The Real Issue with Hillary's Email

I don't usually write about politics but The Washington Post recently published an article about how Hillary Clinton reached out to Colin Powell to understand what he did to have access to email remotely. There's a scanned print-out of exactly what they discussed over email which I found fascinating!

When I read the exchange between Powell and Clinton, I could instantly relate. It seems that working at the State Department is a lot like working in financial services. And, quite honestly, it wasn't until I worked at a bank that I realized just how oppressive IT policy could be. Email on your personal phone is a relatively new concept at my current employer in the financial industry and even then, it is significantly locked down via a special app that doesn't let you navigate to links or download files to your phone.

In my opinion, the real root of the problem here is the risk-averse IT policies in place that often impede folks from getting shit done. I'm sure Hillary Clinton has no intention of inappropriately circulating classified material. However, is she trying to creatively work around a road block to efficiency? Probably. And this is why I have a feeling the FBI, who no doubt face similar organizational challenges in getting work done, did not push for prosecution.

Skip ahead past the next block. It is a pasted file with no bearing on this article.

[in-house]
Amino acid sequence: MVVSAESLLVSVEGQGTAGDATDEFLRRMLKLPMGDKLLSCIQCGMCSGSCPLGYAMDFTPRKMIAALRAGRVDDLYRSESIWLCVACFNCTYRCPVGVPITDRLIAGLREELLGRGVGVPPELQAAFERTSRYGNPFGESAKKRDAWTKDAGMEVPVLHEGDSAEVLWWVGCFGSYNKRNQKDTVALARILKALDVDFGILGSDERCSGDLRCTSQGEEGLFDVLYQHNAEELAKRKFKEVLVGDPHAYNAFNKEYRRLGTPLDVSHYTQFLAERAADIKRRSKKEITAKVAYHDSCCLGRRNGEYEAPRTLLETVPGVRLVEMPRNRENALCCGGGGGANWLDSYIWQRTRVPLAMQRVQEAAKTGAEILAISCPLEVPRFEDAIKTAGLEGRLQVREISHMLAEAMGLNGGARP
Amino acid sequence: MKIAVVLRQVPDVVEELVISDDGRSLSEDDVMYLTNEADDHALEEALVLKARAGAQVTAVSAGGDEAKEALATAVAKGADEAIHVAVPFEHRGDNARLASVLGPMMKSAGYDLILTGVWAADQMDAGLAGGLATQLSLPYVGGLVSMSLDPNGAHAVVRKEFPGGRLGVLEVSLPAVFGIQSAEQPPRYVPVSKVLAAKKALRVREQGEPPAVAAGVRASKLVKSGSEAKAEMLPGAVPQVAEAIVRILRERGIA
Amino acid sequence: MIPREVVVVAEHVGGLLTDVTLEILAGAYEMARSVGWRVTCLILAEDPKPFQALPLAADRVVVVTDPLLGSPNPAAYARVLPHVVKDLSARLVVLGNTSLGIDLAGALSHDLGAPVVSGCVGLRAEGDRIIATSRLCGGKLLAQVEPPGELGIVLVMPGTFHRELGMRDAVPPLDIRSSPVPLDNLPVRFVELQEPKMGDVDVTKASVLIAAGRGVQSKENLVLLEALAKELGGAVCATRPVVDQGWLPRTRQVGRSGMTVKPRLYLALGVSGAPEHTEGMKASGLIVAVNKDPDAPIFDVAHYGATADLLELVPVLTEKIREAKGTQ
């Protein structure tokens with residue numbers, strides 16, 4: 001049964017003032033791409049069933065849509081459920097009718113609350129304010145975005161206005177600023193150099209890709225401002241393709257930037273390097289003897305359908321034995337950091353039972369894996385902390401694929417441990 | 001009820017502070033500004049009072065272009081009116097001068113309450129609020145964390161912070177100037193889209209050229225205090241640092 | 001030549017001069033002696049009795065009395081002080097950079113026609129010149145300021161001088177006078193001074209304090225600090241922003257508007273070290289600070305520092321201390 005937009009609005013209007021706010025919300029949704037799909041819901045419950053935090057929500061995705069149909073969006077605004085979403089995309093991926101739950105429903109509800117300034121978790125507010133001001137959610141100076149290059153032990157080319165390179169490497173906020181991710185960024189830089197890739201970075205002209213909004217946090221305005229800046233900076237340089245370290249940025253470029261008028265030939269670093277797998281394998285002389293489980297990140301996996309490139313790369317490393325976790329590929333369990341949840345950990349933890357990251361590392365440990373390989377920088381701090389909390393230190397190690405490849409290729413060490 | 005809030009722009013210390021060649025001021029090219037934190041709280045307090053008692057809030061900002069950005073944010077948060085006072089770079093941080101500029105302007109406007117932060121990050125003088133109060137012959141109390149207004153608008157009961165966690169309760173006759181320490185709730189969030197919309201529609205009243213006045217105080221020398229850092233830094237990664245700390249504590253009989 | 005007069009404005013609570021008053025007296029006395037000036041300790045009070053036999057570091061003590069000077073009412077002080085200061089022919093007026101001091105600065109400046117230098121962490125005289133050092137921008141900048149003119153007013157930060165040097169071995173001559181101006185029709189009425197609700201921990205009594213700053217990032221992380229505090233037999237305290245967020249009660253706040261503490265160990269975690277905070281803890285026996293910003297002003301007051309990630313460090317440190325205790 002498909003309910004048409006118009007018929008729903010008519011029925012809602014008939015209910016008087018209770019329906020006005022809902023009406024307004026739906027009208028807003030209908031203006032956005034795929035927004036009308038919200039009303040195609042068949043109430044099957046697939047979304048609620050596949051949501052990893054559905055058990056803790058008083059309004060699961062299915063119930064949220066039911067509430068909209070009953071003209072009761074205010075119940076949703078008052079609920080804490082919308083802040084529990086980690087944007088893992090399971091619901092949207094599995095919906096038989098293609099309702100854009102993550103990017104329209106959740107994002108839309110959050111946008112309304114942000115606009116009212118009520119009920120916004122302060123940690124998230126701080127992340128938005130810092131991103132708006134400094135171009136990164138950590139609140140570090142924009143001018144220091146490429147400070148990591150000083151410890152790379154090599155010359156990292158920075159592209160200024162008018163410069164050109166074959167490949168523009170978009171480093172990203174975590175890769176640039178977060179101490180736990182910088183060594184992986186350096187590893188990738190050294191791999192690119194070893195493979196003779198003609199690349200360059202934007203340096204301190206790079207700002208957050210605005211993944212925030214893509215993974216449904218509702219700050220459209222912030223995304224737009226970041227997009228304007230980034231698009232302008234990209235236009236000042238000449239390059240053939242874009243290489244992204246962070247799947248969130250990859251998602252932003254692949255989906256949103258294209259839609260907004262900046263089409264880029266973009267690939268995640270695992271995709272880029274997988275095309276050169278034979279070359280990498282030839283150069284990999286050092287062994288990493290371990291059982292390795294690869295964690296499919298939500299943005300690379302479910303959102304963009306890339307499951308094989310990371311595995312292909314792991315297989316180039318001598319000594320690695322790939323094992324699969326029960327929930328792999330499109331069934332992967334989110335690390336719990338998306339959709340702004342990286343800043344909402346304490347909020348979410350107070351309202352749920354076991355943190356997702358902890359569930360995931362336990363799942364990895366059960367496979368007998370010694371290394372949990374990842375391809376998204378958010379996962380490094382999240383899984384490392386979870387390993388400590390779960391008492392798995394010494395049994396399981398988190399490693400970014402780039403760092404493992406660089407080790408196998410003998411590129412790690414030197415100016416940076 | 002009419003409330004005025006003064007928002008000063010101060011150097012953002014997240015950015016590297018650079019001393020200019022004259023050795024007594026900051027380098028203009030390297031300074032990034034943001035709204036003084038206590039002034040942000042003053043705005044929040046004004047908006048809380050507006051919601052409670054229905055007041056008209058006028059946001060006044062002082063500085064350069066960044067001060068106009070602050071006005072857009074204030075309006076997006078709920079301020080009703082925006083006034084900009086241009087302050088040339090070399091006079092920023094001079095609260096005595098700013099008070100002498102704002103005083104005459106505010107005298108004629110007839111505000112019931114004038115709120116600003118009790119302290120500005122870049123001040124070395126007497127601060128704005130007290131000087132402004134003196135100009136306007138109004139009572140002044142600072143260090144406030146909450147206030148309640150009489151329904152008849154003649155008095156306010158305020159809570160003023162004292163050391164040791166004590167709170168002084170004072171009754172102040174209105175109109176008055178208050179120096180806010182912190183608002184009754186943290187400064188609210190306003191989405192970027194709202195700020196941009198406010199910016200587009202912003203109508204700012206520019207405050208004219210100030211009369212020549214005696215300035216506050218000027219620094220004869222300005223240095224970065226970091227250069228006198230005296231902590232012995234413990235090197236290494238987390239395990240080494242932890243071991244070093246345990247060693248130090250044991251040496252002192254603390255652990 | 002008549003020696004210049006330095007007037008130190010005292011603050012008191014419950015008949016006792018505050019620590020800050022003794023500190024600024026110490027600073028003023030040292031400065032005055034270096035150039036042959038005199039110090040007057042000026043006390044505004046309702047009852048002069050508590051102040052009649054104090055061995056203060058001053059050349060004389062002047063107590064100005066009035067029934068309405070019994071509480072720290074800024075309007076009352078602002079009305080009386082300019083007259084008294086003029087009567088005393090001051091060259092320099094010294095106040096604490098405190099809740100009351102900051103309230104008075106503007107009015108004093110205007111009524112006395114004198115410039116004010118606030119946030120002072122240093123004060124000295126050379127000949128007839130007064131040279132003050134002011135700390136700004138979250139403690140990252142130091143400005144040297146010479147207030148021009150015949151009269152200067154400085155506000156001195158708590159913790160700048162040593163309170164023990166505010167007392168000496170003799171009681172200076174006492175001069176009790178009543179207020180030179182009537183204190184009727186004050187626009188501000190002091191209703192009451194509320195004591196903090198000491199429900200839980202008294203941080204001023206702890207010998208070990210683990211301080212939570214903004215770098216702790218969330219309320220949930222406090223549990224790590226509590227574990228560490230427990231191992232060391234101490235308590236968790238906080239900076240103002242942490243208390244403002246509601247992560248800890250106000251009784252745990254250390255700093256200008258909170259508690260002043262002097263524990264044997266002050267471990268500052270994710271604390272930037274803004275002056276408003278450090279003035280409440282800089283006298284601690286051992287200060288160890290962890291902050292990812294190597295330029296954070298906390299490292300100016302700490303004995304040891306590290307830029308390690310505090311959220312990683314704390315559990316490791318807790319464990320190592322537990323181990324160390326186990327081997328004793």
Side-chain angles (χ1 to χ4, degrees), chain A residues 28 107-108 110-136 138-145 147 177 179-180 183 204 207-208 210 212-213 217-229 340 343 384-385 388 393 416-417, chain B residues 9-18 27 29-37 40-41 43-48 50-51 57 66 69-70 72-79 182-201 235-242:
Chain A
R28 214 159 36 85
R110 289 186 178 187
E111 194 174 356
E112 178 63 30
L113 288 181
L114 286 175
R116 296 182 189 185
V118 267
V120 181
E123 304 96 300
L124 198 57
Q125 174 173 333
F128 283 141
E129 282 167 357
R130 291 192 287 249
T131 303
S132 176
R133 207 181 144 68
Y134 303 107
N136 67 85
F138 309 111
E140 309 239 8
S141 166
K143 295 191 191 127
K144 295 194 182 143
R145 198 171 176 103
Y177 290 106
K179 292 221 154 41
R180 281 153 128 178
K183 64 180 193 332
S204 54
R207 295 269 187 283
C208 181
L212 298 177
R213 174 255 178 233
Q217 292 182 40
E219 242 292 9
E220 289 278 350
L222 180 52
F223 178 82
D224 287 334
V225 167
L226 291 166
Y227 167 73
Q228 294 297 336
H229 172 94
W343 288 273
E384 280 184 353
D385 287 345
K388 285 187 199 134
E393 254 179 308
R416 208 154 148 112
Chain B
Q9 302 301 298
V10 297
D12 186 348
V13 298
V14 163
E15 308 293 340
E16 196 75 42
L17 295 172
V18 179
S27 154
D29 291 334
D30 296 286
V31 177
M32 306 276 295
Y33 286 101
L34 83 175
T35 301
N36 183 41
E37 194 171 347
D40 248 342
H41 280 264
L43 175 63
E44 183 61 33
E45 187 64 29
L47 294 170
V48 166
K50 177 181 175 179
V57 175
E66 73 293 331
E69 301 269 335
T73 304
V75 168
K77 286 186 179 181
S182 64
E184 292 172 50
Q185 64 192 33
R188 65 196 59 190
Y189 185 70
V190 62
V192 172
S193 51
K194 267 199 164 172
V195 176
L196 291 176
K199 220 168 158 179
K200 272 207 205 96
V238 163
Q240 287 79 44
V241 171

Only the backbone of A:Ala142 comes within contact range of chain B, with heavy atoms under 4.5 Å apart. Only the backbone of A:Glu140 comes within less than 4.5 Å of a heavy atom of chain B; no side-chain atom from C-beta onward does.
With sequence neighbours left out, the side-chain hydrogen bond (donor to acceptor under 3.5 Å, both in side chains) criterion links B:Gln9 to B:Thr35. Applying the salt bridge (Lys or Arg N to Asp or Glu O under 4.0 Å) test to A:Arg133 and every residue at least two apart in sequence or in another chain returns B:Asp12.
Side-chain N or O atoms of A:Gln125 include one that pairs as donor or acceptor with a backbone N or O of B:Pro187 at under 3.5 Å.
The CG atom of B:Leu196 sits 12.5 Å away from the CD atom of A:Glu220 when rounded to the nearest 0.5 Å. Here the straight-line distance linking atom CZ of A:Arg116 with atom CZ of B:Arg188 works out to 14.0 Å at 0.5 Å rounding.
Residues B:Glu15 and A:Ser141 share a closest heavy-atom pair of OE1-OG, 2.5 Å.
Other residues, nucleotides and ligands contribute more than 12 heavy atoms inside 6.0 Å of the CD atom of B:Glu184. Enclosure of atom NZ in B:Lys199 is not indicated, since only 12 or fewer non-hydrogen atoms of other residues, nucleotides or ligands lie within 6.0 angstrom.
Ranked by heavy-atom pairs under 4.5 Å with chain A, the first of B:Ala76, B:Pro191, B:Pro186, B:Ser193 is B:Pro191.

For those still giving me the side eye on this, let me share an example with you. I work at a company that won't allow you to install any software on a machine unless it has been approved. There is no list of approved software hanging around so figuring out if I can install first requires a trip to the tech service desk. There, they tell me that the software I need to do my job is definitely not on their list — but if I can make a business case for it, I can email someone and they might approve it as an exception.

I email said person and get no response for a while. I follow up and then eventually get shuffled around amongst various folks being added to this email chain who have no idea what this software is. Eventually, I get a solid "no" because I think they are tired of dealing with me.

The software I was trying to install is called Balsamiq Mockups and is used a lot for rapid prototyping of user experiences; it costs all of $89 and even then, I was planning on using my personal license rather than go through the separate "getting funding" exercise once I had permission to install. Even with that, it was still definitely "no."

Then, one day, I was granted administrator access to install some other approved software. With a full 7 days of admin access, you better believe I installed all the non-approved software that I knew I needed to be efficient at my job! And every time I'm able to use that software in my day-to-day, I feel pretty damn good about my decision.

When it comes to IT policy in some industries (like government), the governance in place lags woefully behind what we are used to in other industries. Often you do have to take a detour and work around processes because attempting to go through them would be akin to trying to smash through a brick wall with your skull.

Painful. Difficult. Unproductive. And a waste of valuable (read: tax-payer-funded) time.

So, whatever your politics, to paraphrase Bernie Sanders, let's just lay off talking about the damn email already!

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